Dark mornings, dusky afternoons, and weather that feels bitingly Arctic can all make doing everyday things that little bit harder. Having to get out of bed when your eyes and body are cruelly deceived by an imitation of midnight is just one of them.

I’m sure that to some extent, we all suffer from the ‘winter blues’. The decreased hours of light can sometimes feel like we never see day, which can be disorientating to say the least. Seasonal Affective Disorder (SAD) is a severe form of this; it’s recognised as a form of depression by the NHS and is often referred to as ‘winter depression’.

As many as one in six people suffer from SAD. Symptoms such as a persistent low mood, feelings of worthlessness and guilt, lethargy, overeating, and oversleeping can become so overwhelming that it becomes difficult to function. It’s a dark cloud that descends each year with the onset of autumn and winter.

As horrible as SAD sounds, there are ways for the disorder to be successfully managed and the symptoms to be alleviated. While light boxes (a special lamp that simulates sunlight), counselling, and antidepressants are all tried and tested ways to help control the depression, lifestyle has a huge part to play as well.

Regular exercise is one major lifestyle behaviour that can have a profound impact on how you get through the winter months – whether you’re an SAD sufferer or not. There’s evidence to suggest that physical activity boosts the brain’s levels of serotonin not just during exercise, but for hours after it. Serotonin is a chemical that’s produced naturally in the body, yet it’s commonly used in antidepressants due to its positive effects on mood and wellbeing.

The changes in your mood might not be down to just to chemicals: physical activity can do fantastic things for your confidence too! Whether it’s that post-workout feeling of achievement, knowing that you’re doing good things for your health, or being able to manage your weight – all of these small, but wonderful by-products of keeping active can only have a positive effect on how you feel in yourself. Now, it’s a bit more difficult to prove this in scientific research, but I’ll go out on a limb and testify that, as a long-term sufferer of depression and anxiety, exercise has been truly life-changing for me. After I’ve given a workout my all I may be sweat-slicked, maroon-faced, and panting like a dog on a hot day, but there’s no matching that feeling of pride from having actually done it!

If you’re suffering right now, getting active can seem like the last thing in the world you’d want to do. But getting active doesn’t have to be hours spent running or at the gym. Seeing activity in that way can be incredibly off-putting.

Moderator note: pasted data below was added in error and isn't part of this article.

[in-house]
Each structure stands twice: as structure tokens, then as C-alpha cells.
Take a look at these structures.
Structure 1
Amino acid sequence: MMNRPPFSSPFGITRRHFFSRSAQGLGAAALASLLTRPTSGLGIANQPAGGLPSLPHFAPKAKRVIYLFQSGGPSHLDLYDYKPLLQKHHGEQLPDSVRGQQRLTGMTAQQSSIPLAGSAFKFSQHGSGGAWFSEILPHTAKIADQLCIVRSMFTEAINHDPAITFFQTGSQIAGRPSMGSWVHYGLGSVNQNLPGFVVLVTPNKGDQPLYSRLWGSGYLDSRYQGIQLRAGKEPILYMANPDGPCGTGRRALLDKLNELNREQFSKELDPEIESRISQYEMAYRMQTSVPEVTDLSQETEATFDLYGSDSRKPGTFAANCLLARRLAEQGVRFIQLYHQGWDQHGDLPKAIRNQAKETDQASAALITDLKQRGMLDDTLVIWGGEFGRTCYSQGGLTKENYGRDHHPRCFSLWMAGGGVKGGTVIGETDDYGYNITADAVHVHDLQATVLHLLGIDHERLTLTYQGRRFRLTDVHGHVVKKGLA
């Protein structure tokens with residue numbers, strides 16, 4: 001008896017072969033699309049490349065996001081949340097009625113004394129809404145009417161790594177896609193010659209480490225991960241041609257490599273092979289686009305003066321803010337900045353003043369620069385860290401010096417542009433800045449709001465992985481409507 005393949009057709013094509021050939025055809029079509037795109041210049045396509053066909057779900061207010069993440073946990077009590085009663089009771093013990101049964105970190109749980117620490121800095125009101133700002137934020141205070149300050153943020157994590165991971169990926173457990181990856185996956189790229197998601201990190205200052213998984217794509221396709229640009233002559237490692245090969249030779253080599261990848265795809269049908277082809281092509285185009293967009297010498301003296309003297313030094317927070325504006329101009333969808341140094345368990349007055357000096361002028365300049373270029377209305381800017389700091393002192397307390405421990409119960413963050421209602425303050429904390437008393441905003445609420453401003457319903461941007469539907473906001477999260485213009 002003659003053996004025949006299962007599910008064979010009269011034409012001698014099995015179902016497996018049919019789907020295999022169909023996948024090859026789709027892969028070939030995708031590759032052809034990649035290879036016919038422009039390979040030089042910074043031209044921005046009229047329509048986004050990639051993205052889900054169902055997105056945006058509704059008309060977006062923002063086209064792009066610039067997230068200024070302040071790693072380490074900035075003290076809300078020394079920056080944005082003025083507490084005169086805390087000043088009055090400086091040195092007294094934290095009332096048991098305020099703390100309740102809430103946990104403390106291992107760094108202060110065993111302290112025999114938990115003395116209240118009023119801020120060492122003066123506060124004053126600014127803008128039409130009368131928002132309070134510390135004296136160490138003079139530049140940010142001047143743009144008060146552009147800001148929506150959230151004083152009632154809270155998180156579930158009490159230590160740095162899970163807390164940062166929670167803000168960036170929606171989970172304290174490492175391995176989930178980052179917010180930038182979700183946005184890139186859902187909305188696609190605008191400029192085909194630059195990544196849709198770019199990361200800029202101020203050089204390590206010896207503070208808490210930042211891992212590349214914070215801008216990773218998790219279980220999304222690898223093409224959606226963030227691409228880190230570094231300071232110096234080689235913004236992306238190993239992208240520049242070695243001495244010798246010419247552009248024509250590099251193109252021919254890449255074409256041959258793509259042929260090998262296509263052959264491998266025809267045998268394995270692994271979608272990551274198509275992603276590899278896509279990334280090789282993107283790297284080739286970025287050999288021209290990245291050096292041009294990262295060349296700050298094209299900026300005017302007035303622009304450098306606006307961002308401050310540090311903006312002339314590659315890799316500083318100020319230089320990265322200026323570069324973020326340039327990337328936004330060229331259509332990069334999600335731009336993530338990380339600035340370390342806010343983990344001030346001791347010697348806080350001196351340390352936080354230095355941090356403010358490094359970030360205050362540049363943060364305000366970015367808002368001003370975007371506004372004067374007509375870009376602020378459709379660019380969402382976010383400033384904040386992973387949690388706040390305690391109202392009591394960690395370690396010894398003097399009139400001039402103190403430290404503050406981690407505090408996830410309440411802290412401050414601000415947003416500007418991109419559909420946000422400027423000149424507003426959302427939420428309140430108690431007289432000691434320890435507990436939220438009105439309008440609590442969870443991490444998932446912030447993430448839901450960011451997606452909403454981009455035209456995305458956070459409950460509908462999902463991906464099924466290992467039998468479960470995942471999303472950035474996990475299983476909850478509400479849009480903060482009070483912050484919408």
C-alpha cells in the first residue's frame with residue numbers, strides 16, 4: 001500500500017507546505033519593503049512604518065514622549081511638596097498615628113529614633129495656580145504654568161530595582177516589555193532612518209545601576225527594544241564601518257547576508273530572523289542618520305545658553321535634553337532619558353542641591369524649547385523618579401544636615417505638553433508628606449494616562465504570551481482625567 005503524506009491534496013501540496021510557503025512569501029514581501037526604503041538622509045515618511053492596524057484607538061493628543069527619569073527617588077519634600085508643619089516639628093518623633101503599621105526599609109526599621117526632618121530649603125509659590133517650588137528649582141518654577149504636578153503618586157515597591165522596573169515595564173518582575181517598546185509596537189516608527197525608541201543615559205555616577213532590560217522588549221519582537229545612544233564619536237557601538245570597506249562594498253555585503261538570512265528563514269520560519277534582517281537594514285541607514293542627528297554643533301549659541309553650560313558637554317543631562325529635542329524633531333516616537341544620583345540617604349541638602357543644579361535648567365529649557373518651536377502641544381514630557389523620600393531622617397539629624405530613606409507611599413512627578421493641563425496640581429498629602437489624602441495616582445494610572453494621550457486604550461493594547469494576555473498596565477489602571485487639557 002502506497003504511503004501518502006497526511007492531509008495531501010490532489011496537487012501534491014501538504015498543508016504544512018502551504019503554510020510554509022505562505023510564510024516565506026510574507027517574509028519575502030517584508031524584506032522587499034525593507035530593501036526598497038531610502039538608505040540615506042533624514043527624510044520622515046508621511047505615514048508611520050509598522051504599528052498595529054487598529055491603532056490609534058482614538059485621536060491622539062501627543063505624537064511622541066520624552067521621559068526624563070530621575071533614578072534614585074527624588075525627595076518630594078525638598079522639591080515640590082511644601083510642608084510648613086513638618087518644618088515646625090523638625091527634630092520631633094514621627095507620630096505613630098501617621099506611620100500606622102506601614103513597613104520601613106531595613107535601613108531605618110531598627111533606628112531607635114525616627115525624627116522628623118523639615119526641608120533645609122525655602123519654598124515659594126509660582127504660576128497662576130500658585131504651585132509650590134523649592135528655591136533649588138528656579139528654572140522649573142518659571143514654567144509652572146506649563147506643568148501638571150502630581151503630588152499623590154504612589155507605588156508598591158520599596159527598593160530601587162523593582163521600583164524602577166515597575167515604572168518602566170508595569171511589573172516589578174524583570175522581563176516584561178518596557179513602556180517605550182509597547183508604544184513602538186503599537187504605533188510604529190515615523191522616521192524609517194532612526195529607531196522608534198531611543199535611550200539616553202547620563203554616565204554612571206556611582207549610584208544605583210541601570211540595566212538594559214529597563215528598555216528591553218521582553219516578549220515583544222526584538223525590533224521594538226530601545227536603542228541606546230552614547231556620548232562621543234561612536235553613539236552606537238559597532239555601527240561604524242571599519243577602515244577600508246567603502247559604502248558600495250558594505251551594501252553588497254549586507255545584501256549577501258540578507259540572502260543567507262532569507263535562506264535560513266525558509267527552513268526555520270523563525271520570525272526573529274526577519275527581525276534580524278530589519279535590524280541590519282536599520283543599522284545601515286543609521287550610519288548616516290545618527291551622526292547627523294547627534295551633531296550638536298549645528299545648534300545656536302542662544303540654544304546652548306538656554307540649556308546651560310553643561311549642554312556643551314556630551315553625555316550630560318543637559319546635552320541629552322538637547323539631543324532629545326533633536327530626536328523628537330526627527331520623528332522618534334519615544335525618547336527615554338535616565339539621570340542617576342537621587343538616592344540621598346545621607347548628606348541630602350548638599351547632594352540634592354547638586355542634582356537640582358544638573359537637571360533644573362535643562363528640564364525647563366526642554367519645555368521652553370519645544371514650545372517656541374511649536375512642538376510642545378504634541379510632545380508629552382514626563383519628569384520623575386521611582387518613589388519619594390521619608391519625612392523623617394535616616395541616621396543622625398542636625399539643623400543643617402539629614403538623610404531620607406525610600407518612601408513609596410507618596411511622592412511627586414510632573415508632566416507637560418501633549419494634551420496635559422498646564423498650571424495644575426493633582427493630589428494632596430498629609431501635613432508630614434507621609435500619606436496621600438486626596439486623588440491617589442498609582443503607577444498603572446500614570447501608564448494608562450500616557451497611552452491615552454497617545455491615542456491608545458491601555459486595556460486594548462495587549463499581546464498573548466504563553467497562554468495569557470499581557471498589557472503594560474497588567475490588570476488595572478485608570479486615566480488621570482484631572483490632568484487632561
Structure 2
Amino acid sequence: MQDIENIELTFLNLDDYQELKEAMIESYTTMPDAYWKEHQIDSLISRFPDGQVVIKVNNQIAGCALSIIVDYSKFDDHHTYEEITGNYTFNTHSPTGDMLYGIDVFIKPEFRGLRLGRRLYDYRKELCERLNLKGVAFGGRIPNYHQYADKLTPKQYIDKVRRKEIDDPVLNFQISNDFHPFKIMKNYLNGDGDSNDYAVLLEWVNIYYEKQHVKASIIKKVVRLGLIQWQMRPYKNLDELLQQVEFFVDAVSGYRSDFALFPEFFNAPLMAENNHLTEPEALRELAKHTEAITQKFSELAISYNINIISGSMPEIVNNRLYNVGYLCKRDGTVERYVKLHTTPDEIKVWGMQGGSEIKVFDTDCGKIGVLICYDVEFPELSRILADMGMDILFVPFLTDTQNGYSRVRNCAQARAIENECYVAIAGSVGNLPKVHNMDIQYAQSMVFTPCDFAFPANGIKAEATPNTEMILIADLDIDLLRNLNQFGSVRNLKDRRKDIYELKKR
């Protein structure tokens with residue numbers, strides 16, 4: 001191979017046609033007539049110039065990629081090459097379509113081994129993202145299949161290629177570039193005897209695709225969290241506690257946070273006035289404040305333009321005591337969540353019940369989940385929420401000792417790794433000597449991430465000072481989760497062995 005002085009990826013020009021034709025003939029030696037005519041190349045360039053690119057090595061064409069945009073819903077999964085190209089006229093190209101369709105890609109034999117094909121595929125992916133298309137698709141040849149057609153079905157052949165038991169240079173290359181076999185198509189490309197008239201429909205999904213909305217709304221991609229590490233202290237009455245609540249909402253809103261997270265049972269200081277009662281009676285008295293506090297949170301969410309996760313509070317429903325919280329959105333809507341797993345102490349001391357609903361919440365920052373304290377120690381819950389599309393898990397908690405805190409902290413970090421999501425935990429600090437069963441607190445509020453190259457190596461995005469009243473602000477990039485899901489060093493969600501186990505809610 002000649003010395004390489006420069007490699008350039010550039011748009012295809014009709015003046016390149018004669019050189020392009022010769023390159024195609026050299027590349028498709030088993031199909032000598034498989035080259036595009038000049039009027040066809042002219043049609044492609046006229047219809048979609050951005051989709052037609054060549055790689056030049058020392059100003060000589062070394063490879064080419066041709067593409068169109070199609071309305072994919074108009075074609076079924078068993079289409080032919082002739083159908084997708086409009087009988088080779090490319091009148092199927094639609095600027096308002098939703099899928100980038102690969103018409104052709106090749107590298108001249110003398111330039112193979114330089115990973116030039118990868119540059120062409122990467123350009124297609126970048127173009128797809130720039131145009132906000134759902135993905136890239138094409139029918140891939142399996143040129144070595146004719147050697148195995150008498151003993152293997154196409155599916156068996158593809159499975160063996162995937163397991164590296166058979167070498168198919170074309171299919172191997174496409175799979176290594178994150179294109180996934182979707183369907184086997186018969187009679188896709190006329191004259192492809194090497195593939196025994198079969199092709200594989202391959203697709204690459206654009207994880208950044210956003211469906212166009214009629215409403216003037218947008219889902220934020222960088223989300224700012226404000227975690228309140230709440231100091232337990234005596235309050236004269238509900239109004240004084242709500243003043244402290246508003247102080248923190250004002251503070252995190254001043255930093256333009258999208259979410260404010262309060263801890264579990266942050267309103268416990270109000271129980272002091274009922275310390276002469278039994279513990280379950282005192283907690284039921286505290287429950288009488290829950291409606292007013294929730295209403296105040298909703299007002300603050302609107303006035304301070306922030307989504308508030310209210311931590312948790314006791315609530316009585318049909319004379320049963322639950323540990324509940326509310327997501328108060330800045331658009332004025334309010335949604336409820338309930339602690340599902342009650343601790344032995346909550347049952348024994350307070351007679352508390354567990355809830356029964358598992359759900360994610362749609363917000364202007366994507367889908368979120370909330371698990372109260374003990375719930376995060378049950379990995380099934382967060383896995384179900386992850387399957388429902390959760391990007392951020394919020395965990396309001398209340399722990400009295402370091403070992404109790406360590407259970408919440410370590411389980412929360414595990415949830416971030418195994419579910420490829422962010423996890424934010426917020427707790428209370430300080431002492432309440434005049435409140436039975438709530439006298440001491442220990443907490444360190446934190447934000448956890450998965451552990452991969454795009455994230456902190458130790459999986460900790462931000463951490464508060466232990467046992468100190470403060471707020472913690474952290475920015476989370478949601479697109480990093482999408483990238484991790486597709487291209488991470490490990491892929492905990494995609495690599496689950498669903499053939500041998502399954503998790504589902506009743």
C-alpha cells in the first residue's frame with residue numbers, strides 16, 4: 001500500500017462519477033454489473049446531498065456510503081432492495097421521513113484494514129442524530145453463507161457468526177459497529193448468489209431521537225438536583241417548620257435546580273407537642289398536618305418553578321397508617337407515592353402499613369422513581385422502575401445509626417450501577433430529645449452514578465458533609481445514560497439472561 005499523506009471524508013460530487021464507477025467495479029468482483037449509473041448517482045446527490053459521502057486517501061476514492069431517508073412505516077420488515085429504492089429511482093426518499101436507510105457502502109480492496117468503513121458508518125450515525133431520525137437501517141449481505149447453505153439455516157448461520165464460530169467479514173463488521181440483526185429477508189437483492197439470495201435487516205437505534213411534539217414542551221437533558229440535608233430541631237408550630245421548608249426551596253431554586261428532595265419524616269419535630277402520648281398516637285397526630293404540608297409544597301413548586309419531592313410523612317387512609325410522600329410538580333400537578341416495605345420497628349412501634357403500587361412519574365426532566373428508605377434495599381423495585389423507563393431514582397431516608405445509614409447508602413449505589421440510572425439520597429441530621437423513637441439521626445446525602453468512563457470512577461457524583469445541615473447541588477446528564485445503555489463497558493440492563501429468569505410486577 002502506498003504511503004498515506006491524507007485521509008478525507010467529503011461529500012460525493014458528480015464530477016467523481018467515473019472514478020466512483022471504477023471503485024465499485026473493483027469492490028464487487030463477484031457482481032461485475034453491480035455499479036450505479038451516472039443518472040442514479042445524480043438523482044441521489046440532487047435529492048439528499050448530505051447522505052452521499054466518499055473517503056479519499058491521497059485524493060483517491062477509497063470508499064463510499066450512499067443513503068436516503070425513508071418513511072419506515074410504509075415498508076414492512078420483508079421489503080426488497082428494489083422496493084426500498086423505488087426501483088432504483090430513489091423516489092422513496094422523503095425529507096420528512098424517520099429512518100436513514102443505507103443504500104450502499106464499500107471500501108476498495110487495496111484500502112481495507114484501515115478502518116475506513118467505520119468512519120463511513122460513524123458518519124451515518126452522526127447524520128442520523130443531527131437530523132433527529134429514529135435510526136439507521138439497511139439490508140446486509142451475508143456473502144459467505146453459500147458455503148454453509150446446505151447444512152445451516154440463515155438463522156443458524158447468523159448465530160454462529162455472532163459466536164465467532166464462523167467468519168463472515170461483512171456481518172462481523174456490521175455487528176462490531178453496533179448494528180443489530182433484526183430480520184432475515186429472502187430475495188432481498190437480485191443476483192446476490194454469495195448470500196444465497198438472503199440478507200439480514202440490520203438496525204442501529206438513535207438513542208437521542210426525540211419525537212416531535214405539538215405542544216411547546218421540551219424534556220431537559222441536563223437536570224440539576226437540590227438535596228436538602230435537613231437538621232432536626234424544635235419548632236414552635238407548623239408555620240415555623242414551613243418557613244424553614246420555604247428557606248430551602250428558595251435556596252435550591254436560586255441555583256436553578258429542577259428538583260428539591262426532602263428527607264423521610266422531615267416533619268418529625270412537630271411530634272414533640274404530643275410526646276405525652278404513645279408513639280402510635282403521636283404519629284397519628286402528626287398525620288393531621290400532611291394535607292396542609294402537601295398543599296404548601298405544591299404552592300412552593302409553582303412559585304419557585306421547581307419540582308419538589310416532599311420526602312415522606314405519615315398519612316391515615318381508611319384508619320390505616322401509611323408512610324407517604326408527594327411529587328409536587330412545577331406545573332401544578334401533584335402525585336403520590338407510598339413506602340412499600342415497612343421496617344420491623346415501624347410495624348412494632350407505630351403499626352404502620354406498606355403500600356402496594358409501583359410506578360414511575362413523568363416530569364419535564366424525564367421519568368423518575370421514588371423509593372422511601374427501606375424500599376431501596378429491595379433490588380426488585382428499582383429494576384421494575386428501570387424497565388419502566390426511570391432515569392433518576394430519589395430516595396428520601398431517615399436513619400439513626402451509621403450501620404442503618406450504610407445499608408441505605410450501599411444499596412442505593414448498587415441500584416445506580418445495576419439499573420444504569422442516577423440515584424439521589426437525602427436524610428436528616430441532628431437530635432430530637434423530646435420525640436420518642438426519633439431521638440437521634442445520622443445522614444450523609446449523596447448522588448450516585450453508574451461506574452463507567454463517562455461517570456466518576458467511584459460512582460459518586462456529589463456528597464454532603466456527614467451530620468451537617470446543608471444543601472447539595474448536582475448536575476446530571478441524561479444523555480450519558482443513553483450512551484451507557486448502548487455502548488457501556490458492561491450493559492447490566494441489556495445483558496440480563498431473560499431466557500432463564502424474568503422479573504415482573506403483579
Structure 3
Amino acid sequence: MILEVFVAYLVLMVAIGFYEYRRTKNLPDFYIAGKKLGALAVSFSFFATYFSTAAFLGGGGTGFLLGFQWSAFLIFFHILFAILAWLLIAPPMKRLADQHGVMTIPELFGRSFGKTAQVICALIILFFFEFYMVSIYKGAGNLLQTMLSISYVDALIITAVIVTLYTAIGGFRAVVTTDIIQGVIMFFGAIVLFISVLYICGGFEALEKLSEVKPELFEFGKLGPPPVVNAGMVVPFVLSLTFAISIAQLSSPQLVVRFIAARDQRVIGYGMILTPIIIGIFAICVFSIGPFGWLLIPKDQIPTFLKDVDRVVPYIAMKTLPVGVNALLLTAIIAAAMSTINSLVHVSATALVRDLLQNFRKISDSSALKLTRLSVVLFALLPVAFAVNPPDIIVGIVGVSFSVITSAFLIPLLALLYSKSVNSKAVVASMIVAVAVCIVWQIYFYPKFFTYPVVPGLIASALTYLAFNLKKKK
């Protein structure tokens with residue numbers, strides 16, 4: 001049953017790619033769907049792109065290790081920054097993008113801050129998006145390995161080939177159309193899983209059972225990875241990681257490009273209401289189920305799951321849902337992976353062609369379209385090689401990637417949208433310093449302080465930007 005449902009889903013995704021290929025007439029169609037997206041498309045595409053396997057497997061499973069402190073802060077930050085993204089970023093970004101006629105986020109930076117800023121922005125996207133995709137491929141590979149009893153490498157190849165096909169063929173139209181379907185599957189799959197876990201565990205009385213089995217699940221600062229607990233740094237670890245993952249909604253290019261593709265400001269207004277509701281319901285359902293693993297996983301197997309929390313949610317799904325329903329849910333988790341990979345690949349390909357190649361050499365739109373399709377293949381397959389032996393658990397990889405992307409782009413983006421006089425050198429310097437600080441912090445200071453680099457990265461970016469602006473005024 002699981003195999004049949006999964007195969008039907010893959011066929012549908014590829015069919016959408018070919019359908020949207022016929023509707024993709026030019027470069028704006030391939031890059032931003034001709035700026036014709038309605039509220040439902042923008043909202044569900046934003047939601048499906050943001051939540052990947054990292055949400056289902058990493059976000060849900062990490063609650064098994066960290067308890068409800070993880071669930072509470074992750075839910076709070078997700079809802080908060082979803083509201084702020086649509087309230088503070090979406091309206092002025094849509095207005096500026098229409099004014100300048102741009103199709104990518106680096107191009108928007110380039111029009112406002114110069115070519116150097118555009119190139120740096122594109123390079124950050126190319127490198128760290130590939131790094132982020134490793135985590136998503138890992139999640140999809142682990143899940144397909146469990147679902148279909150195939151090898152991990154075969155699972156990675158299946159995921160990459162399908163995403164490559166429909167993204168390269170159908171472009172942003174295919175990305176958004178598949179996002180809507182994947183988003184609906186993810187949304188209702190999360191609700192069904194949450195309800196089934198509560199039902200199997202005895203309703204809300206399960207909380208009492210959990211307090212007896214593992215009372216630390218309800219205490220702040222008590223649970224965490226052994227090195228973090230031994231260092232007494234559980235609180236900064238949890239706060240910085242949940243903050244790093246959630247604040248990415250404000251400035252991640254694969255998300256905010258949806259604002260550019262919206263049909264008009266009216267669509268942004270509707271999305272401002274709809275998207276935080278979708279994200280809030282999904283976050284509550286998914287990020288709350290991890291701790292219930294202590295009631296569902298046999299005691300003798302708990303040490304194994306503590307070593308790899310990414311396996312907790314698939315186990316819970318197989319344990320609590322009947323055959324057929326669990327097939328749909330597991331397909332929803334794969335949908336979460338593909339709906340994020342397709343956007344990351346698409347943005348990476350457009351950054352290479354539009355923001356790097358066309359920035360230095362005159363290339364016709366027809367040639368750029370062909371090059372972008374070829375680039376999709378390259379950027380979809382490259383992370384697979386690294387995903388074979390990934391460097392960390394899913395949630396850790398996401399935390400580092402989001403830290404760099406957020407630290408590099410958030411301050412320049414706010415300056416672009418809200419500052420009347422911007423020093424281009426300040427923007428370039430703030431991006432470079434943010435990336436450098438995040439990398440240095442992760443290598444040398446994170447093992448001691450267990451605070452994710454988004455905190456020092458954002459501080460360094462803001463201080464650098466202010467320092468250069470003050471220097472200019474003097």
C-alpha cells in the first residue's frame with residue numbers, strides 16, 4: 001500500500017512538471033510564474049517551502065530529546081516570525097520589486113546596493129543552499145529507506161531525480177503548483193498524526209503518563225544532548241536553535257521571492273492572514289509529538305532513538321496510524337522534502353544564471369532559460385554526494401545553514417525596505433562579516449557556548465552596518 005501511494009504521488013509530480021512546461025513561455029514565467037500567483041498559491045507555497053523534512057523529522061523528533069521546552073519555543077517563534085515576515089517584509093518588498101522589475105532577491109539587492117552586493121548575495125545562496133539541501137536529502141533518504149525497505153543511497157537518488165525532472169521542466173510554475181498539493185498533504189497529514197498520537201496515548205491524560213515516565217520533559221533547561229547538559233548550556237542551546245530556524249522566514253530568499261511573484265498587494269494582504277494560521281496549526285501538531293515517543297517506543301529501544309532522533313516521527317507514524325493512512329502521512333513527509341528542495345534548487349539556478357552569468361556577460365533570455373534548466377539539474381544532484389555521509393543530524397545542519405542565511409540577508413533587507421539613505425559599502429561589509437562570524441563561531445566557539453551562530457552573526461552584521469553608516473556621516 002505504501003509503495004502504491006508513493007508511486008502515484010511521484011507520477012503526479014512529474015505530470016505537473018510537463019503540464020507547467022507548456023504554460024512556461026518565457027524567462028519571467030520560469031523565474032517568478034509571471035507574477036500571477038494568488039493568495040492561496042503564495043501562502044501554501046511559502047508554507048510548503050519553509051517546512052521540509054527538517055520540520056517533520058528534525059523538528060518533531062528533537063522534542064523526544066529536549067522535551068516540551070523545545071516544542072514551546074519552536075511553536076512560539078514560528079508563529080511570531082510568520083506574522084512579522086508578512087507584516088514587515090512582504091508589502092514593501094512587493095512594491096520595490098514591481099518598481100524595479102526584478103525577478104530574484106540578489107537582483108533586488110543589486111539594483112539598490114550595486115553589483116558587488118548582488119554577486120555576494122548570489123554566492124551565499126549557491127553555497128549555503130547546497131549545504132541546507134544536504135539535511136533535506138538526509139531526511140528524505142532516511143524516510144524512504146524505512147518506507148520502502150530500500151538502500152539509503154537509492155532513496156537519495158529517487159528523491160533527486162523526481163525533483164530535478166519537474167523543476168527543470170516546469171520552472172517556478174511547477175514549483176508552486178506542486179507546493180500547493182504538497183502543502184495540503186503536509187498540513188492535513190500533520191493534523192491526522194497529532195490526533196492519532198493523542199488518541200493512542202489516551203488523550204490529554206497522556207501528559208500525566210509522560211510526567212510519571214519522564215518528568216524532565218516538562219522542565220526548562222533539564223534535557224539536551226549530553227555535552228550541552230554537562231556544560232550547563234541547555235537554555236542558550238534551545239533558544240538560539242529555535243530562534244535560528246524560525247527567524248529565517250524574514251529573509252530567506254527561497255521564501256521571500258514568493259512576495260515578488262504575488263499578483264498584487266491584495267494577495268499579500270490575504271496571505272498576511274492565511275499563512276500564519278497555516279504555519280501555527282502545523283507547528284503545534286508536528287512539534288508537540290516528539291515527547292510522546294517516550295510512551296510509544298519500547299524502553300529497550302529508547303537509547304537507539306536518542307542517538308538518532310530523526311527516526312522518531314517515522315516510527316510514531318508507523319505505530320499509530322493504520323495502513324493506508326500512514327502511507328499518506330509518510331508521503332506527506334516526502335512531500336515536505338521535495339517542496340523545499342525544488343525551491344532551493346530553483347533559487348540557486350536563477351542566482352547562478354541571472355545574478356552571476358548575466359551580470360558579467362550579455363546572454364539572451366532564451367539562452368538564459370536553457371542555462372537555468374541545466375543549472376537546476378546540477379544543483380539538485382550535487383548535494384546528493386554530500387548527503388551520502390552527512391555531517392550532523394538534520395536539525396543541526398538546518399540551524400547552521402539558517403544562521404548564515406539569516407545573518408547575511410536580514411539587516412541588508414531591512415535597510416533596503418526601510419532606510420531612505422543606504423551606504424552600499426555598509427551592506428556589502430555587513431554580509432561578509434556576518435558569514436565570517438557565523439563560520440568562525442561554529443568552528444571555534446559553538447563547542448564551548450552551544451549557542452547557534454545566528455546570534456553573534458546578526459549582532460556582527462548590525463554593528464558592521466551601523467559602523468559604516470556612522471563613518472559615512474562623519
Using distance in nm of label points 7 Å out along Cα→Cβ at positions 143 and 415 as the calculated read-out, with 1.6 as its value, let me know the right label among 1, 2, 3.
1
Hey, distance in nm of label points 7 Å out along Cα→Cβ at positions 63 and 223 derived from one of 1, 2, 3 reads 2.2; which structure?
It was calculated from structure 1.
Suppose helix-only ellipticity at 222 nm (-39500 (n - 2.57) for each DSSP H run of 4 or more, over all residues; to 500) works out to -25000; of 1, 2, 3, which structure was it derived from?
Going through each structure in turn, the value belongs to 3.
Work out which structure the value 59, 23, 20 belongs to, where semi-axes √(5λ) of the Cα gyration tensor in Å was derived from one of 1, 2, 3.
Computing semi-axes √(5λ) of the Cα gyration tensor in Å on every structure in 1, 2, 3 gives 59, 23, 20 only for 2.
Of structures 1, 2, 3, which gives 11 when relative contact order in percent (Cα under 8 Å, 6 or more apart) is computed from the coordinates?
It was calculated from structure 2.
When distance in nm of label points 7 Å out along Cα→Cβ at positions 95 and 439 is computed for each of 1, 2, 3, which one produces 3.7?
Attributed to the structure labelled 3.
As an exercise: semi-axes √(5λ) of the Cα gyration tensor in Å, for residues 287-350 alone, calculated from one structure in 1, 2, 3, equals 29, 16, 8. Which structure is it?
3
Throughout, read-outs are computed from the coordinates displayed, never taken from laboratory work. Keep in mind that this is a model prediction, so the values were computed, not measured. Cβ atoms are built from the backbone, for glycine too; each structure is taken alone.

The World Health Organisation recommends that adults get at least 150 minutes of moderate physical activity each week. This may sound like a lot – but it can actually be broken down into 10-minute chunks. So it could be three 10-minute bursts for five days each week. Or two ten-minute bursts on six days and three ten-minute bursts on the seventh day. You get the picture. It’s about making activity work for you.

Moderate activity can be anything from a vigorous hoovering session to a session in the pool – as long as you’re breathing a bit harder than usual. Think of the Active10 campaign you may have seen on the news recently; just a brisk 10–minute walk can make a difference to your health and your wellbeing if it’s something you do each day.

Perhaps a brisk walk can be done during the day, as a way of making the most out of the limited sunlight we do have. It may be cold, but if you wrap up you’ll have a chance to appreciate the white-skied, bare-treed beauty that winter brings. If the cold is too much to bear, there are plenty of things you can do in your front room, too – from free online yoga tutorials to dancing around to your favourite song.

Sometimes, negative feelings – whether they’re SAD-related or you’re just feeling blue – can be all-consuming. But one way to motivate yourself to do activity, no matter how big or small, is to think about how you’ll feel after it’s done. Because nobody ever regrets pushing themselves to do something they once thought they couldn’t. Because the post-activity endorphin rush that takes you to unprecedented levels of relaxation is second to none. Because pride in yourself and what you can do is something you need to hold on to in times of darkness.

If you are experiencing symptoms of SAD, make an appointment to visit your GP. 

The following sites have further information on SAD and useful tips on how to manage it: